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Saturday, February 23, 2008
UPS is hiring:
When John Judis clears his throat, he shows up half the journalists in the country. But when he puts his back into it? Damn.
Looming over all of American history--but particularly the country's formative years--is the Biblical figure of Adam, the only person, according to the West's major religions, to have lived unburdened by what came before him. As literary critic R.W.B. Lewis wrote in 1955, in his wonderful book The American Adam, early generations of Americans became captivated by the idea that they could create a future without reference to the past. The revolutionaries who fought for America's independence saw themselves as breaking not only with the Old World but with history itself. "The case and circumstances of America present themselves as in the beginning of a world," Thomas Paine wrote in 1792. Thomas Jefferson believed the new nation should regularly renew itself, arguing that, if necessary, "[t]he tree of liberty must be refreshed ... with the blood of patriots and tyrants." But, as Lewis explains, it was after the War of 1812--after the United States had finally cut loose from Great Britain and other foreign entanglements--that the notion of a country unbound from the constraints of history really began to take root. Democratic Review--the magazine of a nineteenth-century progressive movement known as Young America--captured this sentiment in 1839, when it editorialized, "[O]ur national birth was the beginning of a new history ... which separates us from the past and connects us with the future only."The piece is about Obama. It's kind of, um, comprehensive.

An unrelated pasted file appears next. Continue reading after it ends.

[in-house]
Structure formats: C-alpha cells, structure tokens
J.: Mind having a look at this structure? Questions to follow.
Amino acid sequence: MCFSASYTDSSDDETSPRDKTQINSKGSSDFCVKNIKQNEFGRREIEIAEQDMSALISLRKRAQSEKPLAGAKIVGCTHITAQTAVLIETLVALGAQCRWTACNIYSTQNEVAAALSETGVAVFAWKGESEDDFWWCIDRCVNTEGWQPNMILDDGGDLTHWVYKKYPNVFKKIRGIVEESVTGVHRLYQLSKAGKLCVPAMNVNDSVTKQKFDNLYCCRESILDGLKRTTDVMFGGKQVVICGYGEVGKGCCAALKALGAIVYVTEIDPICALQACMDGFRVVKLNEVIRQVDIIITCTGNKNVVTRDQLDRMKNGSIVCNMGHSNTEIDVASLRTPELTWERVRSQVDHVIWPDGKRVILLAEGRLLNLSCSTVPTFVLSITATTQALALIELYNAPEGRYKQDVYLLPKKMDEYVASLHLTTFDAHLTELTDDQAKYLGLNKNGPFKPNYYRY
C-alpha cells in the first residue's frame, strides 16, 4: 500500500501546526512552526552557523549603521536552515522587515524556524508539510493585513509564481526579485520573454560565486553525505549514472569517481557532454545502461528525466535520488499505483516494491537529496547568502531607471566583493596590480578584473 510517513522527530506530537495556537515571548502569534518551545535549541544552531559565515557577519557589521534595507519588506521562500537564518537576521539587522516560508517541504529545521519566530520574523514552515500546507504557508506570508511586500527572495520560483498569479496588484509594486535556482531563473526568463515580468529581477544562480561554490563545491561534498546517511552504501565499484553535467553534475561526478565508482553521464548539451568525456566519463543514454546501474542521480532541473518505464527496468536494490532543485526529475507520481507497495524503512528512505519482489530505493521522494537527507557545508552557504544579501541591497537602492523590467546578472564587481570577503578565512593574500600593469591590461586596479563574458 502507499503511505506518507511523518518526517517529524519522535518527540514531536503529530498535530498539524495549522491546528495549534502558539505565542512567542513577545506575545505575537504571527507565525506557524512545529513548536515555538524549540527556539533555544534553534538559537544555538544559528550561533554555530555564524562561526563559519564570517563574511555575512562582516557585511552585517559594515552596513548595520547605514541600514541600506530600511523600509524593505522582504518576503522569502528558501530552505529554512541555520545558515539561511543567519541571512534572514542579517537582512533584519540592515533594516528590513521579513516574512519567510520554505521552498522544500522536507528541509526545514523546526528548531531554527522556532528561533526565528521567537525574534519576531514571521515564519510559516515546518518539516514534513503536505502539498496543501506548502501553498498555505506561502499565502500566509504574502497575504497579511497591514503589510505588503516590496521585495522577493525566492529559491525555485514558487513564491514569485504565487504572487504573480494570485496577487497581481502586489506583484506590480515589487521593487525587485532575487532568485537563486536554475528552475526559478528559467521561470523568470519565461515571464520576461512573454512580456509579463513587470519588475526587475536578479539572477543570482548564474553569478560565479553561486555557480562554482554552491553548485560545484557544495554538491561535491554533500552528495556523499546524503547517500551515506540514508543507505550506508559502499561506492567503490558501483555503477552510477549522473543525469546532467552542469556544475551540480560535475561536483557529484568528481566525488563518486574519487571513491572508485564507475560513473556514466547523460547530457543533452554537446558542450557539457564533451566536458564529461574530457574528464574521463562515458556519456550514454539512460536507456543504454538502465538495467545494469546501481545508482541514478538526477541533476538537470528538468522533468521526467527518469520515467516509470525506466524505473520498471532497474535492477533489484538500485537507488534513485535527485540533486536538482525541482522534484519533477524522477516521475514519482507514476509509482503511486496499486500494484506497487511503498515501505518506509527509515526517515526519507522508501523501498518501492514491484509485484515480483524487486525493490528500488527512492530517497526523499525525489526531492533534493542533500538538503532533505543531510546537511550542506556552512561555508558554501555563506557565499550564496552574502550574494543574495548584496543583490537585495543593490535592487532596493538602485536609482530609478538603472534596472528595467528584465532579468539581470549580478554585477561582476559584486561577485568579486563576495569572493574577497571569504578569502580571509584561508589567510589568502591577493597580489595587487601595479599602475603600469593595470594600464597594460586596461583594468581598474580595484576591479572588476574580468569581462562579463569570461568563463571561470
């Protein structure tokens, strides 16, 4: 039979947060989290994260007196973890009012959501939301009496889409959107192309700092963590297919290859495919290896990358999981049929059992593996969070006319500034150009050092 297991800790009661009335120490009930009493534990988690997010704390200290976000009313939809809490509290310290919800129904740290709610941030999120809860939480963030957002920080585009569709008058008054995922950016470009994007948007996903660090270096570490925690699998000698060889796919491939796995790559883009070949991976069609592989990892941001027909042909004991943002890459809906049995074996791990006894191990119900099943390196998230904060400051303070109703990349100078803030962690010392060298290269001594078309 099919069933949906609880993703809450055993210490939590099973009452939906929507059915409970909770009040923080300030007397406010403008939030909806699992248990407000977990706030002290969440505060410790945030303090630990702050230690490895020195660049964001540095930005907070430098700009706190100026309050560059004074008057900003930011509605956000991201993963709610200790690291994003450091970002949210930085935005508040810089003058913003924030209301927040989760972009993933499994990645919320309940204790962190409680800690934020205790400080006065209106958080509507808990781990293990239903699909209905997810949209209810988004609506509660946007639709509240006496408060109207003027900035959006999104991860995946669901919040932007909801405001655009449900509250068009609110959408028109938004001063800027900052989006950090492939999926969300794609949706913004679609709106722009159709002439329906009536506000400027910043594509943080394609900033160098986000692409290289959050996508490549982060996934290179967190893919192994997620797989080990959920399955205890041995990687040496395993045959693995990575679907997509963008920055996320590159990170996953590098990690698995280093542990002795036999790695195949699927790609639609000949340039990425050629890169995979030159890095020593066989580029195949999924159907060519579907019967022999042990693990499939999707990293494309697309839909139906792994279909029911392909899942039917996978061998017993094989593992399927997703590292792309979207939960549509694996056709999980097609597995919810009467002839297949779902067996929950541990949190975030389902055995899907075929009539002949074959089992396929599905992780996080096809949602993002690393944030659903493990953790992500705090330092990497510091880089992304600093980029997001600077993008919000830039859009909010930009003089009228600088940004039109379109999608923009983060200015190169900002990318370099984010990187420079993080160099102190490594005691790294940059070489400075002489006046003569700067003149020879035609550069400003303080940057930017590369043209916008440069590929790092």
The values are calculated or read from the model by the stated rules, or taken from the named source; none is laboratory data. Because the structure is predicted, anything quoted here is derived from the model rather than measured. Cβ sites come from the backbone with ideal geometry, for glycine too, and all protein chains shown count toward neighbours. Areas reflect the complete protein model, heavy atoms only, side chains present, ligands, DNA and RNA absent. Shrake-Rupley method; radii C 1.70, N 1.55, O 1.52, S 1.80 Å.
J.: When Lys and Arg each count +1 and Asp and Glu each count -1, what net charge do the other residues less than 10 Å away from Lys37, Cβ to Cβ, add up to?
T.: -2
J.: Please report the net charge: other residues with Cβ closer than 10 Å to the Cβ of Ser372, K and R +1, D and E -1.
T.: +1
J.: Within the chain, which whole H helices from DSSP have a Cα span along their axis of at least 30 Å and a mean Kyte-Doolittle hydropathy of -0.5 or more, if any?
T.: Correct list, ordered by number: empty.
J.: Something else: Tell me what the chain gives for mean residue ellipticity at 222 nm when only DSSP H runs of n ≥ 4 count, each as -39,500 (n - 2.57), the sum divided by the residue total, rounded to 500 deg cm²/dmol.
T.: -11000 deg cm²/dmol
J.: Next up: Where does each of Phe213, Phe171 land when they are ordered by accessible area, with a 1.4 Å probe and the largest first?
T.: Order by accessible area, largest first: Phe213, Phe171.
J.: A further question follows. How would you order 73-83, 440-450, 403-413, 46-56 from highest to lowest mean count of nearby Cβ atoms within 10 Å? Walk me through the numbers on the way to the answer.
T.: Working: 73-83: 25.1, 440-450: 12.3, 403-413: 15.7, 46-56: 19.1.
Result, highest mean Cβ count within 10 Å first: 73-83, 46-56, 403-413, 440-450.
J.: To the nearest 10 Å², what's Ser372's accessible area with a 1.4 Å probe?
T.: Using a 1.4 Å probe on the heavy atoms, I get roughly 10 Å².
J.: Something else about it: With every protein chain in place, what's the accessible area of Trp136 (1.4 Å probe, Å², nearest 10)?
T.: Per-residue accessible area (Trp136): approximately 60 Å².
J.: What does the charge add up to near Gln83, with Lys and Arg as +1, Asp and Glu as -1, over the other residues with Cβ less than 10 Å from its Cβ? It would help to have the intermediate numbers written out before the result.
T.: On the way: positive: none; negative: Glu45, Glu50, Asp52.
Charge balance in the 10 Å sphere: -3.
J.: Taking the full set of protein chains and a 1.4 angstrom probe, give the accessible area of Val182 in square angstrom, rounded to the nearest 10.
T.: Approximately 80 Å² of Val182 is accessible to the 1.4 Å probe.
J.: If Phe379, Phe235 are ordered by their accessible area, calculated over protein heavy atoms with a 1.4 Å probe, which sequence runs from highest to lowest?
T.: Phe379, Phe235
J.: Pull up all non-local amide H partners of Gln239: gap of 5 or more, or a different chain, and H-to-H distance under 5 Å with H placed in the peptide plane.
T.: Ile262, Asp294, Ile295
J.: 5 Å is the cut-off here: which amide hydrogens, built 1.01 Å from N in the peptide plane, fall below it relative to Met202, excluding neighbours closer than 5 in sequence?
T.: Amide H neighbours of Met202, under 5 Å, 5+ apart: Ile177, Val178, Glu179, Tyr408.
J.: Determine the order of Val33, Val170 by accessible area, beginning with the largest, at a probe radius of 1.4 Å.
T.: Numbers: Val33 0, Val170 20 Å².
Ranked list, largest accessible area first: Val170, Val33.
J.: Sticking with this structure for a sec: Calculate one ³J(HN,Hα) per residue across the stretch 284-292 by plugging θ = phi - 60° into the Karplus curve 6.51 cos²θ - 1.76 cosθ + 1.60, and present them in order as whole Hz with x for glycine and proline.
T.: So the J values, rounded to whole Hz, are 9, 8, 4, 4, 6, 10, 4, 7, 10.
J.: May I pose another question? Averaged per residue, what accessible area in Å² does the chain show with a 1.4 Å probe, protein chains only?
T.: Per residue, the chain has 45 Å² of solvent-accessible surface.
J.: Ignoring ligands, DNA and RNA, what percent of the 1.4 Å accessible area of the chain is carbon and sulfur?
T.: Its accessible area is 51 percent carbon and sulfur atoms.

Judis surprised me by saying he'd be "delighted," if a President Obama were to govern successfully. I really thought Judis was heading toward a more neutral and semi-cynical "surprised." I agree with Judis that a first priority domestic agenda item of ethics reform seems unlikely to inspire a transformational era. While I find it sad that Judis equates FDR and Reagan, if all a President Obama would have to do to surpass Reagan in bringing about the next "revolution" would be the Democratic analogue to slashing marginal tax rates, I'd be very hopeful. Perhaps a Vice President Clinton and her husband could dust off their reinvestment "grow the economy" plans.